After serving as Interim Superintendent in Arizona during what she called a "tumultuous time," Conley is now in Park City ready to take the district to new heights.
"I want our district to be one of the top 10 in the nation," said Conley. "There is always some sort of metric involved in the ranking of the school districts, but Park City has every component to be the best."
At the PCSD Board of Education meeting on Aug. 20, Conley discussed her plans for the district in detail.
Prior to this year, PCSD schools monitored student performance, but this year, the model will measure both student performance and growth, she said. The plan is to focus on "research-based curriculum, instruction, assessment, and professional development."
Conley said she plans to closely monitor enrollment figures and said that the opening day of school showed growth in some schools and dips in others. But those figures, which affect class size and the budget, won't settle in for a few weeks.
"We have hot spots in different grade levels," said Conley, "but we won't really know for sure until after Labor Day and have an official count by Oct. 1."
While Conley has big plans for the district in terms of educational assessment, she insists that the most important part of her job is helping parents in the district to advocate for their children.
"Whatever issue there is, it is because they love their kids," said Conley. "Because I am a parent myself, I have that understanding."
Her daughter is currently a sophomore at PCHS, and her four-year-old son attends Park City Daycare at the high school. Her daughter's affinity for the high school and her son's asthma – the fresh air helps him breathe much better – were two deciding factors for her when it came to moving to Park City for work.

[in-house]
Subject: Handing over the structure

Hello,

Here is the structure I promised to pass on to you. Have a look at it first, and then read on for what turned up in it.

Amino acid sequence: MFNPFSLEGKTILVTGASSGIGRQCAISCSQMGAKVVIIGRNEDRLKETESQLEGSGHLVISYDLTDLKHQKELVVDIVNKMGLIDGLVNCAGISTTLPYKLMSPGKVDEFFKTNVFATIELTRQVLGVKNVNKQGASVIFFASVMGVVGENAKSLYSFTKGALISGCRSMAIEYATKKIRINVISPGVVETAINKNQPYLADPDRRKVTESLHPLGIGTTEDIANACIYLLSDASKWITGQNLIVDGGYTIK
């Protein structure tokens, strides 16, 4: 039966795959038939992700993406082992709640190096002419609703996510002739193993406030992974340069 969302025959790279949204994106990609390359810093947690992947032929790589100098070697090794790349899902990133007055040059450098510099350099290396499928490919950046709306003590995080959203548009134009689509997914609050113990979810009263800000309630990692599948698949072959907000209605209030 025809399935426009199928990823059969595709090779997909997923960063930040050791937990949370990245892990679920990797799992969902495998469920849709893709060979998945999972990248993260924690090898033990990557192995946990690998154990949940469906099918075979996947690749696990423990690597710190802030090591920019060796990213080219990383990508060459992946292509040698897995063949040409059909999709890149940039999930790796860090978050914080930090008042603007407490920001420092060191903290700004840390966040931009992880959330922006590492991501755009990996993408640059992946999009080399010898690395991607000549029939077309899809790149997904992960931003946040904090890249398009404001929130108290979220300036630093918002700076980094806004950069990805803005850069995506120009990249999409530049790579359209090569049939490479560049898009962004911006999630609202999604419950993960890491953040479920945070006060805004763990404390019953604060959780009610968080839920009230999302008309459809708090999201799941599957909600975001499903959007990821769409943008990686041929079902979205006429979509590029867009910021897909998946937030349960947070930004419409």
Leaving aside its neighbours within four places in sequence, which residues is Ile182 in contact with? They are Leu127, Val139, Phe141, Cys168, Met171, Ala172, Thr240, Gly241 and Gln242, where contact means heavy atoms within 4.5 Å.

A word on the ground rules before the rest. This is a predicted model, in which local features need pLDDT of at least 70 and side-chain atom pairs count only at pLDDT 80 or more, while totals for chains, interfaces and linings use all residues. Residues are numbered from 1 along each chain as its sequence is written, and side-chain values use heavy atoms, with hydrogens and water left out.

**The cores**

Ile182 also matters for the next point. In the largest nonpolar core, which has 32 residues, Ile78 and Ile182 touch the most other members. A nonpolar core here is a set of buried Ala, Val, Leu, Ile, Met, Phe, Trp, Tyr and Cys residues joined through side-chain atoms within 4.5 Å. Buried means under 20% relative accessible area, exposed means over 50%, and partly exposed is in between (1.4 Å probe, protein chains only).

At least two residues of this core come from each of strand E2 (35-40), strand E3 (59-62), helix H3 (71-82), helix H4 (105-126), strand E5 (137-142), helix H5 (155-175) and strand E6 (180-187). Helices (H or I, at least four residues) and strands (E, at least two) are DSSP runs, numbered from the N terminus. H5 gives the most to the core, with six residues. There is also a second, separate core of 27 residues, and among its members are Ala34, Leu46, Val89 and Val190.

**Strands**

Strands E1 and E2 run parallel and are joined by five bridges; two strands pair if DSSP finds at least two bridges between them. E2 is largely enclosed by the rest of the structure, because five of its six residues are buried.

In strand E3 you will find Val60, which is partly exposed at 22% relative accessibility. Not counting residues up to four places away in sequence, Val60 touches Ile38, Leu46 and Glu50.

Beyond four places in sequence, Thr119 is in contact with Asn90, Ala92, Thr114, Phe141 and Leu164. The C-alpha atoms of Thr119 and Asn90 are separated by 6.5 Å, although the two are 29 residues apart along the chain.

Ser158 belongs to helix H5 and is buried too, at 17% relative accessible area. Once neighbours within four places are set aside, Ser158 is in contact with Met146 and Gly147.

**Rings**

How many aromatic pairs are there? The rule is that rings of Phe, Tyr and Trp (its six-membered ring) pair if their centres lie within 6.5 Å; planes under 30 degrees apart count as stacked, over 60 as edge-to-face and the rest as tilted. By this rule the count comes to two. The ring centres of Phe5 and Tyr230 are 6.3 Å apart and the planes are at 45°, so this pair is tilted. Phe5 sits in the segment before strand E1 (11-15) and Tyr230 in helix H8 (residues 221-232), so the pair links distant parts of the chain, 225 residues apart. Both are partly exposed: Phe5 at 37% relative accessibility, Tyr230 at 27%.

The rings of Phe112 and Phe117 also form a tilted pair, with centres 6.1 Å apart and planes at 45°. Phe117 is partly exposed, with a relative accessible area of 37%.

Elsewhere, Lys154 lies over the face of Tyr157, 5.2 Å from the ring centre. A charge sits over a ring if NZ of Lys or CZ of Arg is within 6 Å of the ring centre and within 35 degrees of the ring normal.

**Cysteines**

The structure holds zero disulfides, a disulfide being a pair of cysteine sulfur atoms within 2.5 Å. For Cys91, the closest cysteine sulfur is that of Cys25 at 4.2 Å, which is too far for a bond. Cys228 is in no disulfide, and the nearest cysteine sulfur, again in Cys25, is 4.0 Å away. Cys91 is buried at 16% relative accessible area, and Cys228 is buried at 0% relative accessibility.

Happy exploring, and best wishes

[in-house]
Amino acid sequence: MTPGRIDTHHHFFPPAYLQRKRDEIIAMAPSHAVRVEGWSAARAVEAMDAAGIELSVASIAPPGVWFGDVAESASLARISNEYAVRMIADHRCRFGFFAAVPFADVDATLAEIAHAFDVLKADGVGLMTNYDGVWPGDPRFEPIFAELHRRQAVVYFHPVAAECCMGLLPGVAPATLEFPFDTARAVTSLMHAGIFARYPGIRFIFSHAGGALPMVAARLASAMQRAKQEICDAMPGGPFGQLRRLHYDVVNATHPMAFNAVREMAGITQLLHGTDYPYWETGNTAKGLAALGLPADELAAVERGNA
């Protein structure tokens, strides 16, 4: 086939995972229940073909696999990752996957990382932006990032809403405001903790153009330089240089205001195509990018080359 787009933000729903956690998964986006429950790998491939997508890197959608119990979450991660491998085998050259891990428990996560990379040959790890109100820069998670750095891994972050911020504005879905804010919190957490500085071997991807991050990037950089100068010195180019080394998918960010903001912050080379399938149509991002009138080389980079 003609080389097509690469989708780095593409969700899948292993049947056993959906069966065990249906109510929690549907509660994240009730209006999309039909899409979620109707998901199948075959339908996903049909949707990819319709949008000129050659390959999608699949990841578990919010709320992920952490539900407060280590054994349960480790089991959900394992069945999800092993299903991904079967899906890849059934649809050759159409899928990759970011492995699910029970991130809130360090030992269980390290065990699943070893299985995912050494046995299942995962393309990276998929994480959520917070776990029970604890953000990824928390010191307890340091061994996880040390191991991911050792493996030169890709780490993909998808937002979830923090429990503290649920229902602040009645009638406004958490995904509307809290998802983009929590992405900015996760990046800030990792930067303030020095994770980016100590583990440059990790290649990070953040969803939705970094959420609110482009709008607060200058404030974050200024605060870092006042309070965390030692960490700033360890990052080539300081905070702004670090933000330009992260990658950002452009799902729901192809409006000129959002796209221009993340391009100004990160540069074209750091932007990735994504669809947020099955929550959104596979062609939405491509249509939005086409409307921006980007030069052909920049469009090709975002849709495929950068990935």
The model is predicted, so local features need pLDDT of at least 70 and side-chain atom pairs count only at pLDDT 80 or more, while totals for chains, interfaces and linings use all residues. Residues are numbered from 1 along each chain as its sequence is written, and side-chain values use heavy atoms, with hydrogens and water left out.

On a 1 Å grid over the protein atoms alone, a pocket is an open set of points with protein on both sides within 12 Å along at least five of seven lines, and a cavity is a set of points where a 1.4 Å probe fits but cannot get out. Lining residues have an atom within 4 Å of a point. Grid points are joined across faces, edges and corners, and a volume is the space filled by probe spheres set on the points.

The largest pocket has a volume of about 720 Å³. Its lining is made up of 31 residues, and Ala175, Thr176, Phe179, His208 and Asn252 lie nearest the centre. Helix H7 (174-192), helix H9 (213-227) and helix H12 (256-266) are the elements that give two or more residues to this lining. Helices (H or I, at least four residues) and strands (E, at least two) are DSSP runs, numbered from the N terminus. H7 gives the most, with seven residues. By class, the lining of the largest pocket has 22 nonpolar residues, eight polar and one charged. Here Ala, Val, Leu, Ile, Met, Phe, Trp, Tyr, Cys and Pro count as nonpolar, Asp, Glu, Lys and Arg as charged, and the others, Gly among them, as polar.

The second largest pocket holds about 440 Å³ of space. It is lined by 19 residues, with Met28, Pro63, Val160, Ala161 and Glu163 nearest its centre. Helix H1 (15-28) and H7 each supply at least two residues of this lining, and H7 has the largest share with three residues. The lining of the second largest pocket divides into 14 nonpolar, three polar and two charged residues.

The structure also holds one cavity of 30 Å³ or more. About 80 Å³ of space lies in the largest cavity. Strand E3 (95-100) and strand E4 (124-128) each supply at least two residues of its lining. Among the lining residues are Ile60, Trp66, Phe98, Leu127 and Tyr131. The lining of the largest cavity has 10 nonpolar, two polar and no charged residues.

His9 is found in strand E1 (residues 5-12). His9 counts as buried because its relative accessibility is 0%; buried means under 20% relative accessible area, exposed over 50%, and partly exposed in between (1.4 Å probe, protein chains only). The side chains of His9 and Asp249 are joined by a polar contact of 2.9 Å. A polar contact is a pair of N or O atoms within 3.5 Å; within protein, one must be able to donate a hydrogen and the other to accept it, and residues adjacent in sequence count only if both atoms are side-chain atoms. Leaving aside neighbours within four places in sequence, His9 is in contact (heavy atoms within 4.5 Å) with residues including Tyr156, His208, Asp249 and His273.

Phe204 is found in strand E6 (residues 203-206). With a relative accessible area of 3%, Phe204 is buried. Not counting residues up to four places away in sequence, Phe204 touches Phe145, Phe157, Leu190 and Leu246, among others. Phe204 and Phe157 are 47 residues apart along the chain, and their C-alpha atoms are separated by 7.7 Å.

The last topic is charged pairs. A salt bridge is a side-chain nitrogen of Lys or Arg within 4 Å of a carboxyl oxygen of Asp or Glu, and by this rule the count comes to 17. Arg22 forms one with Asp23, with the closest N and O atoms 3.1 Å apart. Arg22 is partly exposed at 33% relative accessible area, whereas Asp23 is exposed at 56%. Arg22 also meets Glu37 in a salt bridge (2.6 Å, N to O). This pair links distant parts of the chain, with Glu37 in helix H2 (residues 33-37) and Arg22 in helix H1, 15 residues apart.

This maternal instinct is one reason for Conley's emphasis on communication with the parents in the district, but her time spent as an educator certainly factors in. While Conley enjoyed being in the classroom, she searched for other avenues to help create positive change for her students.
Her first experience in a district office as an administrator left her missing her students, and she happily returned to the classroom. It wasn't until she was named Interim Superintendent that she realized that although it created a different relationship with her students, she could impact students' lives at a greater level, she said.
A self-proclaimed "natural leader," Conley holds her mentors responsible for her professional achievements, and one mentor in particular is the reason she found out about the search for a new superintendent in Park City.
"She told me to look into it, and it was a very intense hiring process," said Conley. "I just always put a lot of pressure on myself and want to be highly prepared."
Conley also relies on in tight communication in order to build cooperation regarding politics. Being able to work together for the students is the key, she said.
"My role is to bridge the educational district into the community, and the representatives of the community are the governing board," said Conley. "I believe in establishing a tight relationship between the two."
After a busy first day, Conley leaned back and glanced at a form handed to her by the business administrator. She breathed a sigh of relief and smiled as she set it down.
"It's been a long day, but I'm home and not leaving anytime soon," said Conley. "I plan on being here for a long, long time."